Using this mechanism, a continuous deposition of 2D GO film onto a large-area substrate for coating and patterning using roll-to-roll deposition was achieved 
. In another report, the quality of the 2D films was significantly improved by manipulating the monolayer transfer process by adjusting the solid substrate at a slight angle during the dipping 
. This observed improvement was due to the beneficiation of shear modulus causing GO to behave like a 2D substrate on the water subphase as a result of the strong interaction of each individual GO sheet at the air–water interface. Furthermore, the implementation of a shallow-angled substrate during the dipping process projects a minimum tensile stress during the insertion and extraction of the substrate (Figure 2
). Poor GO adhesion onto hydrophobic surfaces resulting in low-quality film formation or coating when using a conventional vertical dipping method can be overcome by adjusting the dipping angle of the substrate to 30°, which creates a desirable meniscus radius of curvature.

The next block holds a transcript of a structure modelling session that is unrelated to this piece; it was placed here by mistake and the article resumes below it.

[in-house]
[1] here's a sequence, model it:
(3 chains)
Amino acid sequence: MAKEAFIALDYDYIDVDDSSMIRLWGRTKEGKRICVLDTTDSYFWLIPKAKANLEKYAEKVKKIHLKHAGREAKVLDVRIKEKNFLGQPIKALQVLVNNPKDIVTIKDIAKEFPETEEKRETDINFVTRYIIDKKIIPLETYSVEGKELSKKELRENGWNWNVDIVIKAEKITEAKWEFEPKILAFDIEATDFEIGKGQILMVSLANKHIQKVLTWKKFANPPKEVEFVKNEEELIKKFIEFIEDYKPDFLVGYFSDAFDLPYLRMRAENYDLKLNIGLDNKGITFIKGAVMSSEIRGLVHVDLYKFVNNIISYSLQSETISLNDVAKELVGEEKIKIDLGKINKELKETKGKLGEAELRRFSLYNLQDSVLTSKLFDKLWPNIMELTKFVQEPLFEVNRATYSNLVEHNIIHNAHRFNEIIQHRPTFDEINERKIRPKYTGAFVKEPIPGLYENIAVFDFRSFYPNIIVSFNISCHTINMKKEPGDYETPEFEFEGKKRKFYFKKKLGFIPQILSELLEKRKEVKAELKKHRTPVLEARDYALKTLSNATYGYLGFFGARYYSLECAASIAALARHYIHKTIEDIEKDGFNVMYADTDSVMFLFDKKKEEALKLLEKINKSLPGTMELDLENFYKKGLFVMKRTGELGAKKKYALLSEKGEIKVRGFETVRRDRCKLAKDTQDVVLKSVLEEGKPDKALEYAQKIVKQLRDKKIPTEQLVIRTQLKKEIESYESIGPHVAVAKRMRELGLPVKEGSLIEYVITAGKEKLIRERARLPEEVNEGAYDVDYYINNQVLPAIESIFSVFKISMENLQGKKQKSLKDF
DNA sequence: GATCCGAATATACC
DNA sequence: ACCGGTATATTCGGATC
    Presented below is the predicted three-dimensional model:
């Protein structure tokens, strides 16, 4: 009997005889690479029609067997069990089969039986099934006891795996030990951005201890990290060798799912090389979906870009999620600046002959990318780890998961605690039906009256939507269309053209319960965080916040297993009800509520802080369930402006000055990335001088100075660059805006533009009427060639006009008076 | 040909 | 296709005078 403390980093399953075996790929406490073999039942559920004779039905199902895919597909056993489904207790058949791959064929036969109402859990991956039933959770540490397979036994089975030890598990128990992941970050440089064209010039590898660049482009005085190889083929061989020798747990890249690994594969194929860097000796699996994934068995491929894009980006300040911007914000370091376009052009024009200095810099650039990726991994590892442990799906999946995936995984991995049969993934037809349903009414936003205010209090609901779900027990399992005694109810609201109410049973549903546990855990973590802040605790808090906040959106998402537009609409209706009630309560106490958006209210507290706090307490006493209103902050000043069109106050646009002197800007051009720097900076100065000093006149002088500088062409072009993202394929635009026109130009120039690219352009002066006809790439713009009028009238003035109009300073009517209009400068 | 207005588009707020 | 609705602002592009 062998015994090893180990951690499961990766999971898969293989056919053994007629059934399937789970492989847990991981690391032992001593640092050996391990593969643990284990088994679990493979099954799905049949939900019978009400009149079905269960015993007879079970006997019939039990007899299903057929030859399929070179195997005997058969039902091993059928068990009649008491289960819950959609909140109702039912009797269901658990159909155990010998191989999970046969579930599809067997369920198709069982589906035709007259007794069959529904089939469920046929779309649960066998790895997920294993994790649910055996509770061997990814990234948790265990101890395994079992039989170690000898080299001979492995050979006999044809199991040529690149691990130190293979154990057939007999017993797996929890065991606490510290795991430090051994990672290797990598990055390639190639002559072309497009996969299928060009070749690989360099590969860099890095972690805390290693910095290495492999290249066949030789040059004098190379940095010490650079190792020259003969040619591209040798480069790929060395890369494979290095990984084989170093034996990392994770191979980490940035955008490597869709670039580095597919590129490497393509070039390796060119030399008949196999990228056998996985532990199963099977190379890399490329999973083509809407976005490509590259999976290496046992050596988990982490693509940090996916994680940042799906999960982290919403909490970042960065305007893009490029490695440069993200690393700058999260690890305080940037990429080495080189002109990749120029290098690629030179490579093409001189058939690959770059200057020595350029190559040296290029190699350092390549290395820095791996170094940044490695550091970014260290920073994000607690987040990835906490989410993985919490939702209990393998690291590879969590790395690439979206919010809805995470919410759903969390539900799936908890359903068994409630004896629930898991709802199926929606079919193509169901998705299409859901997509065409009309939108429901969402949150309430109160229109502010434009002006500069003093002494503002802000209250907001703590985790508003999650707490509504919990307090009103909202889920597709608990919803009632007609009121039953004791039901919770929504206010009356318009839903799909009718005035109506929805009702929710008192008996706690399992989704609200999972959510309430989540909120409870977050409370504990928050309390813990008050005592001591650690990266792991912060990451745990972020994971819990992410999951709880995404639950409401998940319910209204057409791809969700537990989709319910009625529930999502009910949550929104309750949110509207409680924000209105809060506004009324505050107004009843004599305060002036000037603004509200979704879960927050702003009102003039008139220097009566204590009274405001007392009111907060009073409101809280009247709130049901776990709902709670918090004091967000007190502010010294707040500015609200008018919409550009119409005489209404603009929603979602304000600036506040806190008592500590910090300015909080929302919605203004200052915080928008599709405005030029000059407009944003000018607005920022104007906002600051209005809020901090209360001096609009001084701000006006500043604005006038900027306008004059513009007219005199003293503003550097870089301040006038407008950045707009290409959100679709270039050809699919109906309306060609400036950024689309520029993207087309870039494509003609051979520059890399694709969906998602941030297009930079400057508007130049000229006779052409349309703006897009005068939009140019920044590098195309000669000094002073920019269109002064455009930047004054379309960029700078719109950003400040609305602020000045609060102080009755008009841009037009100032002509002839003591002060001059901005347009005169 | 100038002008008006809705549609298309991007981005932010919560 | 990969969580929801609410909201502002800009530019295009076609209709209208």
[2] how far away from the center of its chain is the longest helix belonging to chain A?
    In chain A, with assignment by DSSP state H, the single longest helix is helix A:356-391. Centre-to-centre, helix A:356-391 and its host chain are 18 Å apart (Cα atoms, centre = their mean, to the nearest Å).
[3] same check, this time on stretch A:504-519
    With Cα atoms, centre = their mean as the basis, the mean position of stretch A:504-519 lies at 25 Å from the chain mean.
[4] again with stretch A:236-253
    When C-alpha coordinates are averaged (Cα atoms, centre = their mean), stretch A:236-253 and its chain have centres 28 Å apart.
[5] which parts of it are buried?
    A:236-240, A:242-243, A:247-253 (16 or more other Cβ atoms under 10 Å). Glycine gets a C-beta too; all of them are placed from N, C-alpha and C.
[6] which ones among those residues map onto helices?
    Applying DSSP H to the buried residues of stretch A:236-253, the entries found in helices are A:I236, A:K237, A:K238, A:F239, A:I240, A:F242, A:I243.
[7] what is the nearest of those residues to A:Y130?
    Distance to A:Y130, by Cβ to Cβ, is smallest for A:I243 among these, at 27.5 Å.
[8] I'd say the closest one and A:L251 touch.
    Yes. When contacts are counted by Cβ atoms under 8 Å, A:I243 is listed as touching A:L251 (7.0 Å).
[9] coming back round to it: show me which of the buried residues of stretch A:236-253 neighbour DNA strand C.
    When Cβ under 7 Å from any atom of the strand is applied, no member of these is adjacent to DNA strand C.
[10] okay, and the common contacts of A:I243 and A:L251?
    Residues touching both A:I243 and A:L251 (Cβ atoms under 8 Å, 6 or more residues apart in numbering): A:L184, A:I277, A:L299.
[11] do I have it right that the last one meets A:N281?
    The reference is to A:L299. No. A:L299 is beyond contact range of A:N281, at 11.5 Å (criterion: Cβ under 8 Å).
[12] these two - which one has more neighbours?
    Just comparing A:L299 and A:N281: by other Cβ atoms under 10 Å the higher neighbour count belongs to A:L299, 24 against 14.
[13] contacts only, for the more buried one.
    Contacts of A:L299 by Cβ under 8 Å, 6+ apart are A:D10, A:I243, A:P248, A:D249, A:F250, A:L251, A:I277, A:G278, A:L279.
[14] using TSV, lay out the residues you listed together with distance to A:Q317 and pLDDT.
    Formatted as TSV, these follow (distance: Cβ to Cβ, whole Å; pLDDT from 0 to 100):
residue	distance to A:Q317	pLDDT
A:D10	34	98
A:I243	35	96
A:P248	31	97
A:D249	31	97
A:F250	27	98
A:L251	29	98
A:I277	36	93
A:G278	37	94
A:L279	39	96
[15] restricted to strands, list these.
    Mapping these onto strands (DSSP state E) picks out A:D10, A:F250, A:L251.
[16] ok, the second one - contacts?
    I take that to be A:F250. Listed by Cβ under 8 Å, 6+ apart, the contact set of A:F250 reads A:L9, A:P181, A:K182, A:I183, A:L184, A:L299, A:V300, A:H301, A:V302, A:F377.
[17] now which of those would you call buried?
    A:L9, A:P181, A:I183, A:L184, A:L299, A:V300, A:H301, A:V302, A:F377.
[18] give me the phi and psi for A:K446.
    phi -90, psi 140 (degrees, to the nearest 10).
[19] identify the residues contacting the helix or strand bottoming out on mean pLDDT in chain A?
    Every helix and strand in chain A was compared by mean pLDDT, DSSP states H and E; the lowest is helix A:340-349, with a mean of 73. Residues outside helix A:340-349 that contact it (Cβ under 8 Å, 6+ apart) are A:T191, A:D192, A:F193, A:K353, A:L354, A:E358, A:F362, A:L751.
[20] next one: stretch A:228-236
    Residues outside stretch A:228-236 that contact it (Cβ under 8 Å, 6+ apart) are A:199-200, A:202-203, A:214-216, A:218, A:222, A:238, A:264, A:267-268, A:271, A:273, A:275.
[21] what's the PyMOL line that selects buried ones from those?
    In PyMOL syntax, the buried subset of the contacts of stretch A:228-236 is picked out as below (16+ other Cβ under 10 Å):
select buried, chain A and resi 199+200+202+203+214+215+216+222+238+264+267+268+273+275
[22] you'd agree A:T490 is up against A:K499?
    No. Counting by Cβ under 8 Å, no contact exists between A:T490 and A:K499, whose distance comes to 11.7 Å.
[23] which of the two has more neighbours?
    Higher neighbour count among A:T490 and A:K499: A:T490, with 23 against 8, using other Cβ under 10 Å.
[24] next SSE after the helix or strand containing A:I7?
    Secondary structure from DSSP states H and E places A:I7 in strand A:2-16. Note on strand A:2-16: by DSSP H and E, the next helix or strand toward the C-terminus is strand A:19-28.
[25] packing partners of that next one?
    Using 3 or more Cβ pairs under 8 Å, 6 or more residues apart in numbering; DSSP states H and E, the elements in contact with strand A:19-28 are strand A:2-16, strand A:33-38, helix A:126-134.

A comparison of conventional (a
) 90° and (b
) 30° dipping mechanisms of upstroke and downstroke of different hydrophobic and hydrophilic substrates. The SEM images show the comparison of the GO film formations in the upstroke (c
) hydrophilic and (d
) hydrophobic substrates of Au at both 90° and 30°. (e
) SEM film formations as a result of downstroke using a hydrophobic Au substrate. Reprinted with permission from the Journal of the American Chemical Society, copyright 2015, American Chemical Society 
Three-dimensional graphene-based materials, meanwhile, are of particular interest due to their intrinsic properties similar to 2D graphene sheets while they also have the added benefits of increased surface areas combining meso-, macro- and micropores. The meso- and microporosity display a highly specific area and macroporosity significantly improves the catalytic performance at the surface region